Beyond the Design Stance:
The Intention of Agent-Based Engineering

By: Bruce Edmonds and Joann Bryson
Date: 21st October 2003
CPM Report No.: CPM-03-126

Note: "Design Stance" is probably not the correct term here, and certainly not one consistent with Dennett's usage in "The Design Stance".  It is dropped from the mature version of the paper (CPM report 128).


This paper is a manifesto in progress. We are two researchers who frequently use agents in anger to do our jobs. Yet we have been having trouble finding value in most of the papers that get published in the field of Multi Agent Systems (MAS). This paper represents our attempt to understand why not. We will start with the most basic question: Why do people use Multi Agent Systems? One answer is that it’s not clear they do. We still don’t see very many industrial applications of agent technology beyond robotics and AI for computer games, and neither of those use anything like what we generally know as MAS. But there are several good reasons that someone might:
Our concern is that these solid engineering reasons for developing MAS-based software engineering methodologies seem to have been getting lost in recent years. Instead, the agent community seems to be wandering in a morass of formal systems and theoretical papers. For five years there was a fairly successful series of conferences (beginning with Johnson, 1997) which emphasised working agents and the techniques required to build them, but this has been engulfed into the largely theoretical AAMAS conference, where the vast majority of consistently working systems described seem to be in the minority of papers dedicated to robotics - normally considered a far more difficult engineering domain than straight software.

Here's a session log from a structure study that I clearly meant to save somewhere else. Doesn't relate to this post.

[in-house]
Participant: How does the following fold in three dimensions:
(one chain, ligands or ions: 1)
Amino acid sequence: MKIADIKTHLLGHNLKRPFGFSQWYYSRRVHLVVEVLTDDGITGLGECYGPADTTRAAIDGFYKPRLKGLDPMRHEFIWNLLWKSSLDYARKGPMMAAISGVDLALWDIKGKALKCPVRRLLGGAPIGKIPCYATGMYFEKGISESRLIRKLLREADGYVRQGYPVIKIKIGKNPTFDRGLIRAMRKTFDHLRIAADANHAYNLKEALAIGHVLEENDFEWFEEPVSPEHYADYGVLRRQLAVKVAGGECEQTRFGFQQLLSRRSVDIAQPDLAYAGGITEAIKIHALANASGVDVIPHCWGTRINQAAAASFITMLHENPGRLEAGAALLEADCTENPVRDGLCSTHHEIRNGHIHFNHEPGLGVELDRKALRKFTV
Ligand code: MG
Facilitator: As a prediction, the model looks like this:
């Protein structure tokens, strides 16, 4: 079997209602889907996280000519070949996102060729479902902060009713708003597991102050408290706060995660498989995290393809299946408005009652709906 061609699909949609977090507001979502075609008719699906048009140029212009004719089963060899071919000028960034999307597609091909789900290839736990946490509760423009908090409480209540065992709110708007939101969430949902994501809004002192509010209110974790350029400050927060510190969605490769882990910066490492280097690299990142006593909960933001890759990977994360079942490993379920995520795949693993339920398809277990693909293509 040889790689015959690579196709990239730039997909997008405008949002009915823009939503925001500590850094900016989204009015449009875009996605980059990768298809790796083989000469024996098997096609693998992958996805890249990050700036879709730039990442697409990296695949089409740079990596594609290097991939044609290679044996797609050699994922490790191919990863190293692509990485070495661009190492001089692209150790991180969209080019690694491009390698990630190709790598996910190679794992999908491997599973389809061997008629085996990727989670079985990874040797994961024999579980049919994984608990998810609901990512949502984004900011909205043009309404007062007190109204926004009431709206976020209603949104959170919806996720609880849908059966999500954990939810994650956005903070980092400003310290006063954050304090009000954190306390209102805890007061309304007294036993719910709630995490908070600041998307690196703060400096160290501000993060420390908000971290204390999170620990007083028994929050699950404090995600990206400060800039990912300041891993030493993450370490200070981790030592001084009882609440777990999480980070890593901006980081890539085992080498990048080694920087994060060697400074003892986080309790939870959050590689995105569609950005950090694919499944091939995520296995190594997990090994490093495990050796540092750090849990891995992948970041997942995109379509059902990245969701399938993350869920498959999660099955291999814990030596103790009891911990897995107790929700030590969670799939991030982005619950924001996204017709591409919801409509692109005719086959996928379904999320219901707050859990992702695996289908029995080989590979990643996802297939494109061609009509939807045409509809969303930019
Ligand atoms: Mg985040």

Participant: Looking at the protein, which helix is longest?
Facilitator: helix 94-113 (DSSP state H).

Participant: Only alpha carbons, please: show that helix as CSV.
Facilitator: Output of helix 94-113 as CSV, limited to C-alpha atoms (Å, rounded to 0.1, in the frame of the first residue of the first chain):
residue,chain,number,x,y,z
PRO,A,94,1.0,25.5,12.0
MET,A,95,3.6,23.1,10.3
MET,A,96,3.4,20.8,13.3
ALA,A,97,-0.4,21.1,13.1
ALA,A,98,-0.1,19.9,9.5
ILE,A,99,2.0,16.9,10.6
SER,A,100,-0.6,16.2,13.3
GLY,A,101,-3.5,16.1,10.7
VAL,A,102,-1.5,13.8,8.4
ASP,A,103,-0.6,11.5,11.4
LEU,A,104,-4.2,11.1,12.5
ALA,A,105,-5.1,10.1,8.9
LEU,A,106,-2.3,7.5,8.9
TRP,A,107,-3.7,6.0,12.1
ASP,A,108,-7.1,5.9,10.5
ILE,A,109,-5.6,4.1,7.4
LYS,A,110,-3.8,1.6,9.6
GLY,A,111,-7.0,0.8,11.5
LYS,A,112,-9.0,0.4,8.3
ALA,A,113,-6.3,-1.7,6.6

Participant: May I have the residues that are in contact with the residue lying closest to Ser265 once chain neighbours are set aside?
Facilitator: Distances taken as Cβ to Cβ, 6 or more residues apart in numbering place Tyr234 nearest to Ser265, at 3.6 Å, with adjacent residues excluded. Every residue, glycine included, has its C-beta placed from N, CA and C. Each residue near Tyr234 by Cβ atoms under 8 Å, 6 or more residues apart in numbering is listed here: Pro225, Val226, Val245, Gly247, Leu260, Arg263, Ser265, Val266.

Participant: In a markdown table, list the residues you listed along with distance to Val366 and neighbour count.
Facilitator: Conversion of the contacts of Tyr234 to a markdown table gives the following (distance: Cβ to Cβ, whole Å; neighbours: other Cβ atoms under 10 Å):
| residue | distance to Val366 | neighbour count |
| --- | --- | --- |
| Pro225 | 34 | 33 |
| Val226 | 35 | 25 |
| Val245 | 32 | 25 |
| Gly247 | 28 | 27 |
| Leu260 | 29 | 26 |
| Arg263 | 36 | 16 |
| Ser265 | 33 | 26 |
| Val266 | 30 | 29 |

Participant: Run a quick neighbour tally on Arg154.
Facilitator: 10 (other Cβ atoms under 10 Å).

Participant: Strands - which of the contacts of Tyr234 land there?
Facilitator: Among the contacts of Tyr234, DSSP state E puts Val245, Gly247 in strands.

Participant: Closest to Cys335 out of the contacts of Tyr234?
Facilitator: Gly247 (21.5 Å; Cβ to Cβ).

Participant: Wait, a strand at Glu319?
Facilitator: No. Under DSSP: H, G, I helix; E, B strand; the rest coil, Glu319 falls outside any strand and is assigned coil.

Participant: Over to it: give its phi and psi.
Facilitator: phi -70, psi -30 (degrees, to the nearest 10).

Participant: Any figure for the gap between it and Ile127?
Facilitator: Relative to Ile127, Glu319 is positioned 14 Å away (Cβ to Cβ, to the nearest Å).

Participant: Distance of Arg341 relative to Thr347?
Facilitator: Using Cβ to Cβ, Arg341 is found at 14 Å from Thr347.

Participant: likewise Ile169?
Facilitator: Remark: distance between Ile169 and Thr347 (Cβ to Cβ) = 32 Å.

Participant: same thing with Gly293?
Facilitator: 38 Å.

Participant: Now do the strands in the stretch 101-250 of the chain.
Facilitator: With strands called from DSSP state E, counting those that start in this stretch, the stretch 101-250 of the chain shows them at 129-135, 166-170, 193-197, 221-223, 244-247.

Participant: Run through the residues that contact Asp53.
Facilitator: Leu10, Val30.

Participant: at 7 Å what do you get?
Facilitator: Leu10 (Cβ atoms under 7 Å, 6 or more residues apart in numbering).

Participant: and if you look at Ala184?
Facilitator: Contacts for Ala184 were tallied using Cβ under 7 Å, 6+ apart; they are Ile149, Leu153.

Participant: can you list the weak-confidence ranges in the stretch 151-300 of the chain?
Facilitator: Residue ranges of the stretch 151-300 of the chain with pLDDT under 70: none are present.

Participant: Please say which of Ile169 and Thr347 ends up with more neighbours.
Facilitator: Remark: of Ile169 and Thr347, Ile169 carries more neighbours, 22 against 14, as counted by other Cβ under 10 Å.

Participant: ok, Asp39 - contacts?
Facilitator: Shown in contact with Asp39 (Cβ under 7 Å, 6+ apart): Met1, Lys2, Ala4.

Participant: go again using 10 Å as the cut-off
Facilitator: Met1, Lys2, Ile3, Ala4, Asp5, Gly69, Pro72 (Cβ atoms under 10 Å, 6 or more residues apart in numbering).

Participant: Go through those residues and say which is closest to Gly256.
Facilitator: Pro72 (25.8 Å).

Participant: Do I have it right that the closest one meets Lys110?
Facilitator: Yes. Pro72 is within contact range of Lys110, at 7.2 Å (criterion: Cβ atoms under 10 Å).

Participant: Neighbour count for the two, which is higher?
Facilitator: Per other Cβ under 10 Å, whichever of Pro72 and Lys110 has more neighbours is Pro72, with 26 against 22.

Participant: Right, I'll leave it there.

So what has happened? We believe that for some reason the Agents community has regressed back from the discoveries of eXtreme and agile software toward the older design stance, oddly neglecting the theoretical work proving that such approaches are impossible (Harel, 2003).

We begin by discussing the Design Stance - the over-reliance on upfront specifications (also known as creationism) - and why it seems completely contradictory that this has infested the MAS community. We then discuss the nine main  tools of software systems engineering, how they are currently being used by MAS, and suggestions about how we think their use could be improved.

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